Food safety in China is a concern relating to agriculture in the world's most populated country. China's principal crops are rice, corn, wheat, soybeans, and cotton in addition to apples and other fruits and vegetables. China's principal livestock products include pork, beef, dairy, and eggs. The Chinese government oversees agricultural production as well as the manufacture of food packaging, containers, chemical additives, drug production, and business regulation. In recent years, the Chinese government attempted to consolidate food safety regulation with the creation of the State Food and Drug Administration of China in 2003; officials have also been under increasing public and international pressure to solve food safety problems. Chinese Vice Premier Li Keqiang said, "Food is essential, and safety should be a top priority. Food safety is closely related to people's lives and health and economic development and social harmony," at a State Council meeting in Beijing.
The Financial Industry Regulatory Authority (FINRA) is a private American corporation that acts as a self-regulatory organization (SRO) which regulates member brokerage firms and exchange markets. FINRA is the successor to the National Association of Securities Dealers, Inc. (NASD) as well as the member regulation, enforcement, and arbitration operations of the New York Stock Exchange. The US government agency which acts as the ultimate regulator of the US securities industry, including FINRA, is the US Securities and Exchange Commission (SEC).
The Massachusetts Executive Office of Public Safety and Security is a Commonwealth of Massachusetts organization whose focus is the protection of individuals, groups or environment issues which will, subsequently, affect individuals or groups health or well being. As an executive agency, the Office is managed by a Commissioner who is appointed by the Governor.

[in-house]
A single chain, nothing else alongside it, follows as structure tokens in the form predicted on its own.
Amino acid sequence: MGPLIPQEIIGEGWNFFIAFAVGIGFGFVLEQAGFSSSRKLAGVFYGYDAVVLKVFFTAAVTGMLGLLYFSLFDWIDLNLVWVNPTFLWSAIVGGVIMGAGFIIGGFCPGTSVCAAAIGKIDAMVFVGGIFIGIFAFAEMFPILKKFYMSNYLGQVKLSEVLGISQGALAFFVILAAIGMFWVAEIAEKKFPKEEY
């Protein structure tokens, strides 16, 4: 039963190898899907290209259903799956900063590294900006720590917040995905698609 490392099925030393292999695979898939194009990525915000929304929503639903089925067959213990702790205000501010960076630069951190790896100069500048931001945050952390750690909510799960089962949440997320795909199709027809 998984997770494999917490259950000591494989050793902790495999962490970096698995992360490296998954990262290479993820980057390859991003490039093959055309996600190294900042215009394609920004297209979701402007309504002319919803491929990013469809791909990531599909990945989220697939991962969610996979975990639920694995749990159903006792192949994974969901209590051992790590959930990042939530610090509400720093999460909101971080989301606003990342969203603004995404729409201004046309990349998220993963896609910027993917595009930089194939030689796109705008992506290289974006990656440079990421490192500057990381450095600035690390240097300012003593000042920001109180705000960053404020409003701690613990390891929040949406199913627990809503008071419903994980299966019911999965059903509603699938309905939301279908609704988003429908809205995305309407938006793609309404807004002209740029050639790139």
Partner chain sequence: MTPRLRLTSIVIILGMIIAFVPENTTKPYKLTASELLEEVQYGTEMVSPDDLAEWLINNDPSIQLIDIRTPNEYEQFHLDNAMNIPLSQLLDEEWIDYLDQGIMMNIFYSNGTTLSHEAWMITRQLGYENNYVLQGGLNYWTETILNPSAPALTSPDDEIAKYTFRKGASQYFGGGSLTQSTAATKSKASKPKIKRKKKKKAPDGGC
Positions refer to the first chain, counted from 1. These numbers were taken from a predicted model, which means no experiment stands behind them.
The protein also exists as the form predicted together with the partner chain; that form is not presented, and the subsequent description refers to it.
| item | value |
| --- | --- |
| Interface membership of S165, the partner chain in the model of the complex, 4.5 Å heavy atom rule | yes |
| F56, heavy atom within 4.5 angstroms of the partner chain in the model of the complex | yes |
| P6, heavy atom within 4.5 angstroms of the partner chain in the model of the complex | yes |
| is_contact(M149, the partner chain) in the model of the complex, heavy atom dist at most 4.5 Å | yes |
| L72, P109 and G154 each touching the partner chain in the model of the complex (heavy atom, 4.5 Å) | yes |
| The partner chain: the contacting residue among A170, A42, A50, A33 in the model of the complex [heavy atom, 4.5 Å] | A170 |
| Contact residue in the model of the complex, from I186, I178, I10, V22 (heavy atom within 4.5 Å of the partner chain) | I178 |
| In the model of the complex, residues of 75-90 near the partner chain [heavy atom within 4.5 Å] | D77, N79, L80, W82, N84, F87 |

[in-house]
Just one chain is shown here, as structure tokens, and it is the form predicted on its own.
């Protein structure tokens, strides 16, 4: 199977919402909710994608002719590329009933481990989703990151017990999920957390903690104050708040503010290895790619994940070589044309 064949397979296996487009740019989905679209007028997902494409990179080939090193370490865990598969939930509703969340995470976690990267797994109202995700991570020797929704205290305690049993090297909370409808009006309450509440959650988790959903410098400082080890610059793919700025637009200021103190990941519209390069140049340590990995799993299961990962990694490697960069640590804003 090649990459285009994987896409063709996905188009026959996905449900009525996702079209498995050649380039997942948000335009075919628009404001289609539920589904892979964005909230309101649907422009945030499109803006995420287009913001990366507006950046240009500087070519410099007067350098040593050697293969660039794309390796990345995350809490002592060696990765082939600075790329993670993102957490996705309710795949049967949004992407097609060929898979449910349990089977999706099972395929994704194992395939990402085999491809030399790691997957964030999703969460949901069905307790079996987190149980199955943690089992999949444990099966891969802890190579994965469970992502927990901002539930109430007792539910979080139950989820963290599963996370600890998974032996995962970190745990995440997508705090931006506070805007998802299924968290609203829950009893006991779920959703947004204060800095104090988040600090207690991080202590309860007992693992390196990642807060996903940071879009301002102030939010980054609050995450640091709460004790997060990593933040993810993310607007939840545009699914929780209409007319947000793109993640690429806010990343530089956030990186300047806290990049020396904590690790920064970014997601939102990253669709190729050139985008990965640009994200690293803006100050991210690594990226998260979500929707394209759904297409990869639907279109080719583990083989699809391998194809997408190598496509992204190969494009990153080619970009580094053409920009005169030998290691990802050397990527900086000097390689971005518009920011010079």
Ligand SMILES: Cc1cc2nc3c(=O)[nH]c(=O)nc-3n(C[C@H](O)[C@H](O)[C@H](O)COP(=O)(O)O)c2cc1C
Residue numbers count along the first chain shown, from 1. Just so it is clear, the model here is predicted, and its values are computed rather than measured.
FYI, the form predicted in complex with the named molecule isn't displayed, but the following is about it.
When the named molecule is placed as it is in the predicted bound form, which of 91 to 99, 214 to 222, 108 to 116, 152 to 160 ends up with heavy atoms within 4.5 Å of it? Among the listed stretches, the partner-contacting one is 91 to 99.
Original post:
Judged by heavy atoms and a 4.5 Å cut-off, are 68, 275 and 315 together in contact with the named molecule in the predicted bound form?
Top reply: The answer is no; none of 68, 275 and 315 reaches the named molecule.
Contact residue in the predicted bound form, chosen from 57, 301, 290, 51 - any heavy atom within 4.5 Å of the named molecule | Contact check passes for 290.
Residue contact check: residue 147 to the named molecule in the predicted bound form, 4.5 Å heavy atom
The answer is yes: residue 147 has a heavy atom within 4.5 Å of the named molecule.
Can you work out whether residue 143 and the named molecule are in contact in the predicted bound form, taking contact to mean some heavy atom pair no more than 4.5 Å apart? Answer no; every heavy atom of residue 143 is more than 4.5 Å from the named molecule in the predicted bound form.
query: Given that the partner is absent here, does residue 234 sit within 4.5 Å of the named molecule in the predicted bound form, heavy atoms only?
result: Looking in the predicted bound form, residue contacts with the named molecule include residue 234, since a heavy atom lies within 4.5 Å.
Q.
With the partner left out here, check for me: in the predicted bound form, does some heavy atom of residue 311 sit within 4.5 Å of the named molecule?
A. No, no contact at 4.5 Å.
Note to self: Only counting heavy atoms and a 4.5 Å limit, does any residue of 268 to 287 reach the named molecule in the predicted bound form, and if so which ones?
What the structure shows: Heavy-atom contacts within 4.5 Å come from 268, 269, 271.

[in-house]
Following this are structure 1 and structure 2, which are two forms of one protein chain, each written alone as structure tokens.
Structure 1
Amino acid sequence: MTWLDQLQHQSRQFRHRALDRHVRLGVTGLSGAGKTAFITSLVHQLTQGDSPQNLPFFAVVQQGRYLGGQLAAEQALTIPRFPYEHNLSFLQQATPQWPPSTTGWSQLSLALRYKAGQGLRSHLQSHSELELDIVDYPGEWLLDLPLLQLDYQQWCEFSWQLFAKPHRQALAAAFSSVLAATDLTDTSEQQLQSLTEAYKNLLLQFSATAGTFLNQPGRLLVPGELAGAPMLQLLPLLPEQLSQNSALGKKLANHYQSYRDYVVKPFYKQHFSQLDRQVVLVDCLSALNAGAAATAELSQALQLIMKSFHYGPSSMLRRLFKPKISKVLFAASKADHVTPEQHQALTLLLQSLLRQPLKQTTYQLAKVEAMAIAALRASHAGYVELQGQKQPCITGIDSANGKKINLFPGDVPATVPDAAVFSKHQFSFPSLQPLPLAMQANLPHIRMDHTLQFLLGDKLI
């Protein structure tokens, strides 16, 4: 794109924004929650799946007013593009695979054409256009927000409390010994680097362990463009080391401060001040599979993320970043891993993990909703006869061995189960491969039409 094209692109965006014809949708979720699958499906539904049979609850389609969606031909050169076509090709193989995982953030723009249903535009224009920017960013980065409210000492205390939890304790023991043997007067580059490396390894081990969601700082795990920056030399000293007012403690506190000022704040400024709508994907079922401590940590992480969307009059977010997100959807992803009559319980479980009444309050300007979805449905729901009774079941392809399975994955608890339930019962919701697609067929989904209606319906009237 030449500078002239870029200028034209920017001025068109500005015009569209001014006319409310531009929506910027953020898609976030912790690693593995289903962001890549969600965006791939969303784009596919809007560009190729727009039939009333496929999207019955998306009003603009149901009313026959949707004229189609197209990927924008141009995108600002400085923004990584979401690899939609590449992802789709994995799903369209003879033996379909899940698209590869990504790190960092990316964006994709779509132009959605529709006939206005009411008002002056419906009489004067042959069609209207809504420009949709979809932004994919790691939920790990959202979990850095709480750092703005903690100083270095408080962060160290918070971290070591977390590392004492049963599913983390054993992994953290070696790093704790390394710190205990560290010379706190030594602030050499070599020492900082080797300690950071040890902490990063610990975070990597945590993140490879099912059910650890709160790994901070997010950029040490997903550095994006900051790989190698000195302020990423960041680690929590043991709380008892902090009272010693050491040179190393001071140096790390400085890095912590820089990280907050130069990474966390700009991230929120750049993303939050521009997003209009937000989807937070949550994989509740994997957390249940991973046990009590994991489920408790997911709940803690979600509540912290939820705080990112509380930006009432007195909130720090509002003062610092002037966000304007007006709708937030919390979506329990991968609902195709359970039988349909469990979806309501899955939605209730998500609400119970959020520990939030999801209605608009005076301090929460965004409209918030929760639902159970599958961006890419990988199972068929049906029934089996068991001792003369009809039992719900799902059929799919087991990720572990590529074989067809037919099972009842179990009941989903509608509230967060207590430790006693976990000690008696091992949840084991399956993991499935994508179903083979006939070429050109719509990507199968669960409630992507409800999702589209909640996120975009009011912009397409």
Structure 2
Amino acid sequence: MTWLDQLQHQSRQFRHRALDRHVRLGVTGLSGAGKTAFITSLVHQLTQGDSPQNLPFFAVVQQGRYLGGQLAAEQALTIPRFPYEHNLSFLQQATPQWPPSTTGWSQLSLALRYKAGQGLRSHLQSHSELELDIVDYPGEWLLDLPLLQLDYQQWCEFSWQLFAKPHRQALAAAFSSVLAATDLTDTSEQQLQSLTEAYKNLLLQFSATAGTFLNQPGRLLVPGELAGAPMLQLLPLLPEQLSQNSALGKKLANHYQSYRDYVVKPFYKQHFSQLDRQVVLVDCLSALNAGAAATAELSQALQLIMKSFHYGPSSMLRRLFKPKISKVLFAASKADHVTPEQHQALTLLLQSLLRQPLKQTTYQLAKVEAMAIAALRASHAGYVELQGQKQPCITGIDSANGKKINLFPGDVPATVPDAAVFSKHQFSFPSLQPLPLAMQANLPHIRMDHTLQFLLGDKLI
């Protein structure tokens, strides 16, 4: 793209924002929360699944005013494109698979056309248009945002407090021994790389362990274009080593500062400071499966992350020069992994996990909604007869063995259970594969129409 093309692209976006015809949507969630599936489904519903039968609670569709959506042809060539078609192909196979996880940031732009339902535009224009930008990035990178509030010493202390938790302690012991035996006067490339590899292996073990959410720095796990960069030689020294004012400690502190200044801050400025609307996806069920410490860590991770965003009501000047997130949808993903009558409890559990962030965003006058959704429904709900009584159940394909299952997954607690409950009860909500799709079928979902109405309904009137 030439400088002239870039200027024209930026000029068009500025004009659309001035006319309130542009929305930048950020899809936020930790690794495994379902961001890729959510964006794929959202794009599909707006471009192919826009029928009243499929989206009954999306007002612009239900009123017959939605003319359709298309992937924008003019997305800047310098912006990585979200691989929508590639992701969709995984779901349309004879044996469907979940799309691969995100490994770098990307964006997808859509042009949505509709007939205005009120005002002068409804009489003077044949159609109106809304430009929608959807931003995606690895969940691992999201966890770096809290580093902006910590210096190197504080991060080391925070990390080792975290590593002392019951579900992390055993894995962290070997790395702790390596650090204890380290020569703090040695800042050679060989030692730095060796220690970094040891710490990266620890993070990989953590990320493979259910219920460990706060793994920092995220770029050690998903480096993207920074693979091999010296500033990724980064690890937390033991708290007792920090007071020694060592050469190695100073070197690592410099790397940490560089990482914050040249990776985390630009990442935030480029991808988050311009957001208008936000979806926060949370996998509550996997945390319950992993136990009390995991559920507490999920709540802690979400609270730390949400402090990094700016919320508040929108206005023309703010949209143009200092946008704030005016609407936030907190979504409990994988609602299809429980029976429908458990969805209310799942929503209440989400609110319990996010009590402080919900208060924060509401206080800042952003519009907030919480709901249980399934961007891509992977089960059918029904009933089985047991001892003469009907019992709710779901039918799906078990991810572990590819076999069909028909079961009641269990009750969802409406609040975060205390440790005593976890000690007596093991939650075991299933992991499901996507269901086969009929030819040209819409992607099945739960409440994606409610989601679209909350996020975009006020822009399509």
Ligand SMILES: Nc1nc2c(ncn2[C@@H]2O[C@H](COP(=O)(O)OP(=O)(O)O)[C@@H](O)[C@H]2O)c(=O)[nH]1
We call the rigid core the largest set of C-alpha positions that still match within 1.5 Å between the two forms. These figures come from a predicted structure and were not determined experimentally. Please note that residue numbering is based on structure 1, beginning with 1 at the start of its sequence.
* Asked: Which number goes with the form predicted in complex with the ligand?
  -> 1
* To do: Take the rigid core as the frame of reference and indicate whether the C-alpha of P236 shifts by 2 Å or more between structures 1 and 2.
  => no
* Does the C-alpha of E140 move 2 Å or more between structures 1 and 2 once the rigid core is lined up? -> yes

The Cyprus Securities and Exchange Commission, better known as CySEC, is the financial regulatory agency of Cyprus. As an EU member state, CySEC's financial regulations and operations comply with the European MiFID financial harmonization law.
Command and Control (CAC) regulation finds common usage in academic literature and beyond. The relationship between CAC and environmental policy is considered in this article, an area that demonstrates the application of this type of regulation. However, CAC is not limited to the environmental sector and encompasses a variety of different fields.
The Financial Sector Legislative Reforms Commission (FSLRC) is a body set up by the Government of India, Ministry of Finance, on 24 March 2011, to review and rewrite the legal-institutional architecture of the Indian financial sector. This Commission is chaired by a former Judge of the Supreme Court of India, Justice B. N. Srikrishna and has an eclectic mix of expert members drawn from the fields of finance, economics, public administration, law etc.
The Alberta Energy Regulator (AER) is an Alberta corporation, with its main office in Calgary, Alberta. The AER's mandate under the Responsible Energy Development Act (REDA), passed on 10 December 2012 and proclaimed on 17 June 2013, is to provide safe, efficient, orderly, and environmentally responsible development of energy resources in the province. Under the REDA, the Alberta Government established the AER in December 2012 to provide a one-stop shop for regulatory approvals after industry complained about the delays and costs of red tape. The legislation combined duties of the Energy Resources Conservation Board with responsibilities of Alberta Environment and Sustainable Resource Development to create a single entity to administer the Public Lands Act, the Environmental Protection and Enhancement Act and the Water Act. The AER operates at arm's length from the Government of Alberta, under an appointed board of directors headed by Chair David Goldie. On 17 June 2013, all regulatory functions previously carried out by the Energy Resources Conservation Board were taken over by the AER.
The Malta Gaming Authority (MGA) (LGA) is the gaming control board of Malta. It regulates most forms of gambling in its territory, including both land-based and online gambling services including B2C and B2B services.